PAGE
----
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Turn to CAS and Counseling Center during finals week

Hold on, Western students! Don’t sell those textbooks yet, and keep those notebooks out! Classes may be over, but we still have one week left of school: the most dreaded week of all – finals week. Beginning May 4, students must take a final exam in each class they attended this semester. But don’t freak out yet. Even if you’re not ready today, there are lots of things you can do to prepare yourself for the upcoming tests.
Among the many resources available to students here on campus is the Center for Academic Support, or CAS. The CAS is located right beside the library and is open to students Monday through Thursday from 8 a.m. to 9 p.m., and Friday from 8 a.m. to 3 p.m. The Center is run by student tutors who provide free sessions and workshops in subjects including reading, writing, math, study skills, and a variety of specific courses listed on their website. Students seeking help at the CAS can study one-on-one with a tutor or in a group with other students learning the same subject. Don’t forget to bring your Western ID when attending a session.
Cathy Gann, the reading and study skills coordinator, has some helpful hints for students during these trying times of final reviews.
“Studying should be continuous,” Gann said. “Always go back and look over your notes at least once a week.”
Gann also promotes the Cornell Method, a two-column system of note-taking. For more information on the Cornell Method, request a handout at the CAS. By writing down what they hear in class, students are able to create sort of a self study guide and are therefore better able to retain the subject matter.
“You remember more of what you hear than what you read.” Gann said.
Another tip Gann has for students is to always try. Even if you don’t know the answer to a question, take a guess. It’s better to get some points than none at all.
Also available for student support is Western’s Counseling Center. This center is located in Eder 203 and is open Monday through Friday from 8 a.m. to 4:30 p.m. Although faculty advisers are more suited for career and course advice, the counselors here are excellent at helping students relieve stress. During finals week, there’s a lot of that stress going around.
One thing that students struggle with above all during finals is test anxiety. Steve Potter, one of Western’s counselors, was able to give some great advice about test taking. Using a technique called biofeedback, Potter can help students learn to control their fight or flight response. This is the instinct that arises when one perceives a threat. Quite often, this is what students feel when taking a test. To decrease stress using biofeedback, Potter trains students to increase the temperature of their hands. As the temperature in one’s hands increase, stress levels go down. All students have to do is focus on remaining calm.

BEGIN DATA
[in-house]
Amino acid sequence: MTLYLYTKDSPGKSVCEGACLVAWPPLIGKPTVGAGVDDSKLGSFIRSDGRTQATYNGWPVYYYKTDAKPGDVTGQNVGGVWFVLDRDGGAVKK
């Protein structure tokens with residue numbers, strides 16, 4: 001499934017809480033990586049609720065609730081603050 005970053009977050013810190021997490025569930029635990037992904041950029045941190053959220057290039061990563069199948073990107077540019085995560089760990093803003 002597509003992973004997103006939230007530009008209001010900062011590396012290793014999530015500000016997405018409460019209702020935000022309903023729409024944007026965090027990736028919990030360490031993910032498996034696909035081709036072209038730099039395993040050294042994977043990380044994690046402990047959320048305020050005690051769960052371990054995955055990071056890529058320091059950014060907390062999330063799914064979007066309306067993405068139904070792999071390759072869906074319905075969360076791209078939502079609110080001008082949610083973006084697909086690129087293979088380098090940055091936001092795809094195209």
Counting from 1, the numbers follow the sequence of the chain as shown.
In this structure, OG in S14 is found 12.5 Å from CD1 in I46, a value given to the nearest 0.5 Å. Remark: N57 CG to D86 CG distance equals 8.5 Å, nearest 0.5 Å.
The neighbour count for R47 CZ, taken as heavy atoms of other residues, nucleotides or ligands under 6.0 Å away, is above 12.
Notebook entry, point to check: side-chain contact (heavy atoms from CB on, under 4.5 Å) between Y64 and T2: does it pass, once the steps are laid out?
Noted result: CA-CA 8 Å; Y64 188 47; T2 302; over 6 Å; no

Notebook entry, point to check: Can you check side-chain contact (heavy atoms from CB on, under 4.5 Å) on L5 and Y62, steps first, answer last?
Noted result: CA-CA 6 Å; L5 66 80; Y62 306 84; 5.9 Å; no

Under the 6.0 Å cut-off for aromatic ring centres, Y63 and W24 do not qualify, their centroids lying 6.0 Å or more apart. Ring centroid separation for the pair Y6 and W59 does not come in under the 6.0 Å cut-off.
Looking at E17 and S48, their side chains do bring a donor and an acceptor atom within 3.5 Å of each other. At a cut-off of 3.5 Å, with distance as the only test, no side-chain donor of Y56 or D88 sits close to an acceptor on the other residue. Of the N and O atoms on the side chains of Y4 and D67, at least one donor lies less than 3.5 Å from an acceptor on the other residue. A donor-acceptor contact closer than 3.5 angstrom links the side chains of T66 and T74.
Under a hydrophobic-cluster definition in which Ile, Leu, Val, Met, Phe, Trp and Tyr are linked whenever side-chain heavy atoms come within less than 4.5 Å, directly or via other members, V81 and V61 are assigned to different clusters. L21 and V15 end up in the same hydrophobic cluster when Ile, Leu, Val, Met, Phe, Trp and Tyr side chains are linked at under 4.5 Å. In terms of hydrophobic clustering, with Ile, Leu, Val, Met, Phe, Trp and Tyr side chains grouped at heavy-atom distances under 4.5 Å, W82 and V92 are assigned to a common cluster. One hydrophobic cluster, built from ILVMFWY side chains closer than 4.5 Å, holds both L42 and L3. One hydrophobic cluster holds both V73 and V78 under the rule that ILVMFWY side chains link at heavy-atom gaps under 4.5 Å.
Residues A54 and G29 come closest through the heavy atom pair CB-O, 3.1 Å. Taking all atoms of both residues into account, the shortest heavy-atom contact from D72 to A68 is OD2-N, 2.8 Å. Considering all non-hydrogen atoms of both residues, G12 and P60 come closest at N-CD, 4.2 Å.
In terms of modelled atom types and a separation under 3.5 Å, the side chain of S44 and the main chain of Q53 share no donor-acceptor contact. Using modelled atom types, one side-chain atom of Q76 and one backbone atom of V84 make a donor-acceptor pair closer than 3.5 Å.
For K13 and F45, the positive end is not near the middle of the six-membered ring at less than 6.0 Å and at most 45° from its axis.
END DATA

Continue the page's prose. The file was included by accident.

“It’s important to relax as much as possible,” Potter said. “When people are calm, they do better on tests.”
So how are students preparing for finals? English Education major Sarah McClure says her most successful study techniques are to make notecards and rewrite her notes, then compare them to the textbook or lessons to see how accurate they are.
“I like to test how well I remember things,” McClure said.
McClure also says that as the semester comes to an end, she is much more worried about papers to write and presentations to give than tests she has to take.
Another lesson Potter wants students to learn is not to overdramatize things. So many students use words and phrases like “always” and “never” and “terrible.” Often students are just blowing things out of proportion due to stress. Try to avoid misconceptions like “having a tutor means I’m dumb” or “failing a test makes me a failure.” Finals aren’t designed to make students look stupid or to embarrass students. They’re simply a learning experience. And there are always people at the CAS and counseling center that are here to help students succeed.

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